There are very few people would argue with the idea that Hollywood has become derivative. The summer blockbuster season is littered with sequels and reboots, while TV shows are constantly trying to build off of each other. But over the last few years, a certain creative form has become almost an automatic way of endearing oneself to an audience. Metacinema is loosely defined as movie (or TV show) about the making of itself, and it’s become the preferred way of circumventing the derivative nature of the modern film industry.
It’s a form that’s been around since the days of Groucho Marx, so it’s certainly nothing new. But recently it’s been utilized as a creative device for a movie or TV show to both have its cake and eat it too. Take last year’s 22 Jump Street for example. Here we had a sequel capitalizing on the 21 Jump Street reboot that ended up being wildly successful. What did they do to combat this stigma? They stuffed their movie full of self-referential jokes about sequels never measuring up to the original. You’re sick of sequels? Don’t sweat it, because the movie you’re watching is too. Everyone becomes in on the joke, and suddenly you have the type of movie you thought you hated winning you over with its overt self-awareness.
When done right, it’s an incredibly clever and effective way to sneakily have your audience sympathize with what they’re watching. The case-studies that prove this are numerous: Scream, Cabin in the Woods, Community, 30 Rock, Adaptation, and Arrested Development among others. In this, it brings with it an odd relationship between the movie or TV show and the viewer, going far beyond simply looking to be entertained.
More than anything, we want our entertainment to fulfill our wants and needs. If a movie or TV show doesn’t at least tangentially appeal to this, the truth of the matter is that no one won’t watch it. Most of the time, Hollywood attempts to do this by making their stories about one simple thing that they know people enjoy: things like superheroes, love stories, etc. What metacinema does though is take this a level deeper. It becomes about a thing people like that knows it’s about a thing people like. For movies like Adaptation, the self-awareness drills down even deeper, as a movie about a man writing a movie about a man writing a story. On paper it’s enough to make your head hurt, but when executed properly it can be patently brilliant.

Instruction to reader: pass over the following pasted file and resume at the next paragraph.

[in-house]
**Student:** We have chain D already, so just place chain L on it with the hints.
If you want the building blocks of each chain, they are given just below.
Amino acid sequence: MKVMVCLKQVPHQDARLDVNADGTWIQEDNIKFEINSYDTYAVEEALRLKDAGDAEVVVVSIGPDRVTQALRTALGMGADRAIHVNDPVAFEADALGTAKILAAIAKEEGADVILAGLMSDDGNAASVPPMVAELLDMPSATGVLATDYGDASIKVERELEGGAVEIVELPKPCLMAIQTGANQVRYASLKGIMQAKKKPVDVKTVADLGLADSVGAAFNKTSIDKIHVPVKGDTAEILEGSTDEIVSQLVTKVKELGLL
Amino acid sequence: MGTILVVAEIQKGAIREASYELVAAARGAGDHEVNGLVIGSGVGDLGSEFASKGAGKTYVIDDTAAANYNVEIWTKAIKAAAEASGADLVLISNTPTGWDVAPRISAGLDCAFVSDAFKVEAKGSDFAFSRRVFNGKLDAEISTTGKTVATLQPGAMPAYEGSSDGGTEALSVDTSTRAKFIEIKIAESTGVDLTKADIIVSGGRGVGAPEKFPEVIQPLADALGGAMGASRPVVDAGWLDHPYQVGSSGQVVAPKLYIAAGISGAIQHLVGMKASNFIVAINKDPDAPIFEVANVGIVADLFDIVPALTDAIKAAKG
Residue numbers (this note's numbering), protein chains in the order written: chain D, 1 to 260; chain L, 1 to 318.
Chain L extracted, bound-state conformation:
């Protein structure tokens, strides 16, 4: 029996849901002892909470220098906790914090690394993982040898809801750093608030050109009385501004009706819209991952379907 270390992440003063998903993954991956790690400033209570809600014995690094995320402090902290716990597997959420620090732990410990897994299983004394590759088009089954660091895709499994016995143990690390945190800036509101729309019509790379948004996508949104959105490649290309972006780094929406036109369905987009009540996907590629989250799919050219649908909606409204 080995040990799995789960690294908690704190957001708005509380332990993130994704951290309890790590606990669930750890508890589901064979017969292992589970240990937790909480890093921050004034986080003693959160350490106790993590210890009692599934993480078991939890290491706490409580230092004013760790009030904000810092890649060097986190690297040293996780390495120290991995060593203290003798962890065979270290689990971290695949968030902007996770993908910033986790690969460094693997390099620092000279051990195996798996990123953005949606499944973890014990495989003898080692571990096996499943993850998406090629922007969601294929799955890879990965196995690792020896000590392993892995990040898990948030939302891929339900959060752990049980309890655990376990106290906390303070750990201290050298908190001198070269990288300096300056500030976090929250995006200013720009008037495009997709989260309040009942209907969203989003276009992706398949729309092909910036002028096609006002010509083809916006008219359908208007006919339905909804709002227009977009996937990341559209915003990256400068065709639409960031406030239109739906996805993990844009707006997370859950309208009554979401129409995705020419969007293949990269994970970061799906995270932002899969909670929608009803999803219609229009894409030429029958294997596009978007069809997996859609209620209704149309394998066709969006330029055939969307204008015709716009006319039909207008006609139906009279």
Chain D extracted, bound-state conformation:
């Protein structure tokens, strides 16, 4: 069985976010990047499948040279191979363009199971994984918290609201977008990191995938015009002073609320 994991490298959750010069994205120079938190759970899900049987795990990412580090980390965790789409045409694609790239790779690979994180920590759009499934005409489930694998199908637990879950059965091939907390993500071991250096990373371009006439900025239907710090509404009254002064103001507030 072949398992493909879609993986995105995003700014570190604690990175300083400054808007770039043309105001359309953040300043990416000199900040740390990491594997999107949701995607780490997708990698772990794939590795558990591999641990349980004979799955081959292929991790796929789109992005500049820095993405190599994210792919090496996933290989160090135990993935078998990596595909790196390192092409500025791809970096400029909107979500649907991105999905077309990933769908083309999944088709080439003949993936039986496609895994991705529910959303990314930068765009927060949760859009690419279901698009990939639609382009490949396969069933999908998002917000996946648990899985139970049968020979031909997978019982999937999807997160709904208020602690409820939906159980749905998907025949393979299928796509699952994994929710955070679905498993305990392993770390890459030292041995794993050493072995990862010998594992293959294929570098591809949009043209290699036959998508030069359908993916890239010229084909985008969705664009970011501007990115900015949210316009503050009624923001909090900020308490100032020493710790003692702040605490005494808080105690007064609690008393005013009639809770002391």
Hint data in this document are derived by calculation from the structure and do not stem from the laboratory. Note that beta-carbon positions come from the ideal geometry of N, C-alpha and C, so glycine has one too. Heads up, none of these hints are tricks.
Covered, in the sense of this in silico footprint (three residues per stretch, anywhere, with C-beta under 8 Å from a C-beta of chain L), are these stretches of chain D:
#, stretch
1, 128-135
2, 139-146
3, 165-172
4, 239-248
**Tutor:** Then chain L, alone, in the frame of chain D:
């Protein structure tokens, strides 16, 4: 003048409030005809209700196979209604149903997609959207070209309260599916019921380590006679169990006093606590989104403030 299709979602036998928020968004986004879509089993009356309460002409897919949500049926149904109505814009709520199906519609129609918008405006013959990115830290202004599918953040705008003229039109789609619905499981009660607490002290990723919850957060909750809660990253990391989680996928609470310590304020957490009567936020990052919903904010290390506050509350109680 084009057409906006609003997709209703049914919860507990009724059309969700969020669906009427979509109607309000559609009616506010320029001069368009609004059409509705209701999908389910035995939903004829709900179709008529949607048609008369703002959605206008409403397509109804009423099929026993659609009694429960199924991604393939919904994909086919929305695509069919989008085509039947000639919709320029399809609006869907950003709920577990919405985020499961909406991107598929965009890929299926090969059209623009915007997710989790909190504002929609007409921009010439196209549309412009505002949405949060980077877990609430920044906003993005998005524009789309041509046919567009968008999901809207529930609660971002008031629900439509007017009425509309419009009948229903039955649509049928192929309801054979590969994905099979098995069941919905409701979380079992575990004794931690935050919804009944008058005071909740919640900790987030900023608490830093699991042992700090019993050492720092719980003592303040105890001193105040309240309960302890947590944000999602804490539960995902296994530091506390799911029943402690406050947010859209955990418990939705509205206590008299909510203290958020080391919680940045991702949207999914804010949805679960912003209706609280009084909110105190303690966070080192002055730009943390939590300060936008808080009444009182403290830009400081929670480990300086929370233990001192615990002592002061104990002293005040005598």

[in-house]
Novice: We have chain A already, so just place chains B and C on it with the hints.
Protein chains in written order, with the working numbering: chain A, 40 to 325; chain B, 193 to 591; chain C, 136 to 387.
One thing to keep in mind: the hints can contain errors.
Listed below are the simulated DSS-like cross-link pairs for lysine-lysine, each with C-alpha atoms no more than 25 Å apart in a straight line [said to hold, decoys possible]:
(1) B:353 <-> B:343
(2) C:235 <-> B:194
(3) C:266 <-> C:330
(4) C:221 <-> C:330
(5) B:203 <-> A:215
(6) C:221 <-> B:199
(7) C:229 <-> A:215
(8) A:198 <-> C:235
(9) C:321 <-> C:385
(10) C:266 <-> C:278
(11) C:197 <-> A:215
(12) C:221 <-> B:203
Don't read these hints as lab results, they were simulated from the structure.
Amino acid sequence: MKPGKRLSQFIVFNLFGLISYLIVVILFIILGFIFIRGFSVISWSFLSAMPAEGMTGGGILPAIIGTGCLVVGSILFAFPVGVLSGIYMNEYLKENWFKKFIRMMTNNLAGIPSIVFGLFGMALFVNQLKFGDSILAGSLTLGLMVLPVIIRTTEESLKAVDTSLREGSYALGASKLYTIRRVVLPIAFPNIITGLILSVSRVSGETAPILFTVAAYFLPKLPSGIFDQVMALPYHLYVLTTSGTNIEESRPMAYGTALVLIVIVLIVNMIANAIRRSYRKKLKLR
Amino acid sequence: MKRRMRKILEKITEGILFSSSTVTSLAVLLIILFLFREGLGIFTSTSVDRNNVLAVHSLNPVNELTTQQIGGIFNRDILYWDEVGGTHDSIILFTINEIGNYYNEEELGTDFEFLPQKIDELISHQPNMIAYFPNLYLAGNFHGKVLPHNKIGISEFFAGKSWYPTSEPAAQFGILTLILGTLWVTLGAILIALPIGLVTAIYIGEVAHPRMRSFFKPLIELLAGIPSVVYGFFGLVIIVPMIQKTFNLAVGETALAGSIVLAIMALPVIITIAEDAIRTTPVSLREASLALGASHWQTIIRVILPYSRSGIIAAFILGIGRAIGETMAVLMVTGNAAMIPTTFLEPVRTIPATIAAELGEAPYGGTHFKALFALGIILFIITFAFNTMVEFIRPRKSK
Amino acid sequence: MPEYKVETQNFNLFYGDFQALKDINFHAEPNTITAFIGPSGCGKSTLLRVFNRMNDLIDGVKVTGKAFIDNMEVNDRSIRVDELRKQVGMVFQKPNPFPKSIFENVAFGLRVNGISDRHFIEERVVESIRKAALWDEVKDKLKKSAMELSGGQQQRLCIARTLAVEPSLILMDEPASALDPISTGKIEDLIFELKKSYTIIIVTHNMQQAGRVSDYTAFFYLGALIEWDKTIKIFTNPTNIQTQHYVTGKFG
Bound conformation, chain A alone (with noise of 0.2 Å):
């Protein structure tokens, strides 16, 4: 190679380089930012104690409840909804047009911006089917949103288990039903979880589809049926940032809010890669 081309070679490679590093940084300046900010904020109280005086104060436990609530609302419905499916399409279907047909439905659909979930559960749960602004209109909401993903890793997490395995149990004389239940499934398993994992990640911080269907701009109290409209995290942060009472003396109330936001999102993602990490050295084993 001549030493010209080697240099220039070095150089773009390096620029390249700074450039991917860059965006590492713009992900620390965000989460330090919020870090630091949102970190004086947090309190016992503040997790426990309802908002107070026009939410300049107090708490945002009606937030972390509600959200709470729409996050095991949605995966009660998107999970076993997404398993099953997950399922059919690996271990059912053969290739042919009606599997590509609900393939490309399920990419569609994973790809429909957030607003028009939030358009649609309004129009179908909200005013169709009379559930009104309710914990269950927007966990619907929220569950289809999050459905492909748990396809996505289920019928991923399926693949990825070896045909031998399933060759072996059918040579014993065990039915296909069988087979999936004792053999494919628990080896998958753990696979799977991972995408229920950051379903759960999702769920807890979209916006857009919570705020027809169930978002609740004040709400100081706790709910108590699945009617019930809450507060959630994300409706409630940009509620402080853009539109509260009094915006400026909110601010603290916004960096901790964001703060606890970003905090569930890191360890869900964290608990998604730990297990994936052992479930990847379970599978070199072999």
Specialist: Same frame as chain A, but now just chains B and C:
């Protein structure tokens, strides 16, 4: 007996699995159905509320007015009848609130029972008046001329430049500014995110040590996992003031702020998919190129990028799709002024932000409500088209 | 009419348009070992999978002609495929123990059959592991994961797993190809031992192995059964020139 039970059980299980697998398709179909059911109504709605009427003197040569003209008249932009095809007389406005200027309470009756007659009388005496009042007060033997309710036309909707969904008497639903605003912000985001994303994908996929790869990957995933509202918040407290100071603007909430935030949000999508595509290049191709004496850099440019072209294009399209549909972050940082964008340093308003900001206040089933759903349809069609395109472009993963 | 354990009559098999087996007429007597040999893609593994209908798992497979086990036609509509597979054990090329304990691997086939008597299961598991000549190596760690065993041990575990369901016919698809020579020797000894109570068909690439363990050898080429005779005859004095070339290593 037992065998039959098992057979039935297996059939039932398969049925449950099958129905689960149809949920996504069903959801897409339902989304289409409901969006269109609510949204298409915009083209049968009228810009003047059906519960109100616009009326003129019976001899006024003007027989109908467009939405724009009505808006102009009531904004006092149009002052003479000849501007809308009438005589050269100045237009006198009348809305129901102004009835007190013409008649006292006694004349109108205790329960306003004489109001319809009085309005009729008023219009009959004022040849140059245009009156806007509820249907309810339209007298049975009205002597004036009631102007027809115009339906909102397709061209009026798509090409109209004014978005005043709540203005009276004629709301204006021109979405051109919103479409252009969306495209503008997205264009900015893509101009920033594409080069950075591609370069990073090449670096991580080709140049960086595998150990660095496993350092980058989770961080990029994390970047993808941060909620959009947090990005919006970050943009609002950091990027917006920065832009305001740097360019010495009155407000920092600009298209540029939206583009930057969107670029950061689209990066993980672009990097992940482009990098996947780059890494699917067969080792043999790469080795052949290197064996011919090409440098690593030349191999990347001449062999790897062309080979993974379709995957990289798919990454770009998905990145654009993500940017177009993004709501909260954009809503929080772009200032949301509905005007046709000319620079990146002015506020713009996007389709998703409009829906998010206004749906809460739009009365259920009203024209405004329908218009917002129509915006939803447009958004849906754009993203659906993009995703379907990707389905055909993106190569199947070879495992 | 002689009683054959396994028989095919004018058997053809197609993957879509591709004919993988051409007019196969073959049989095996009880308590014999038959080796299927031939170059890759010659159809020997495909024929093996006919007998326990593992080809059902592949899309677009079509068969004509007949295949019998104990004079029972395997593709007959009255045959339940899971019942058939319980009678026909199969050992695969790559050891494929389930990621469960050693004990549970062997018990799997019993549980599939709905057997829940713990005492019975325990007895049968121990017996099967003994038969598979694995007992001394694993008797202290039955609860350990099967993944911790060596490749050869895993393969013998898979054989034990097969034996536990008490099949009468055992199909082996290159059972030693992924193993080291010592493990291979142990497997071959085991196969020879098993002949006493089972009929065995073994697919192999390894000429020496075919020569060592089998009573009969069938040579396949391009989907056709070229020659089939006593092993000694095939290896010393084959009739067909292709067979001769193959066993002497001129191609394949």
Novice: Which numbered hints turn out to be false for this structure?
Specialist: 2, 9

By being self-aware, the meta approach can clearly demonstrate that it’s acknowledging and understanding the needs of an audience. In many ways it’s speaking directly to the audience with the clear message that in a world of entertainment becoming all too similar, we all can be in on the fun. The fourth wall becomes more of a window, with the fictional characters inside of it acting all-too aware that they’re speaking not just to each other, but to you.
This trend is showing no signs of slowing down. Community, a show defined by its meta-humor, recently saw a revival online following its cancellation from network TV. Arrested Development is getting another 17 episodes from Netflix. We even have the most meta comic book character of all time in Deadpool set to have his own movie, premiering in February of next year. Metacinema has never been stronger, and if it continues to be utilized the right way, it’s the biggest weapon we have against the Hollywood franchise machine.
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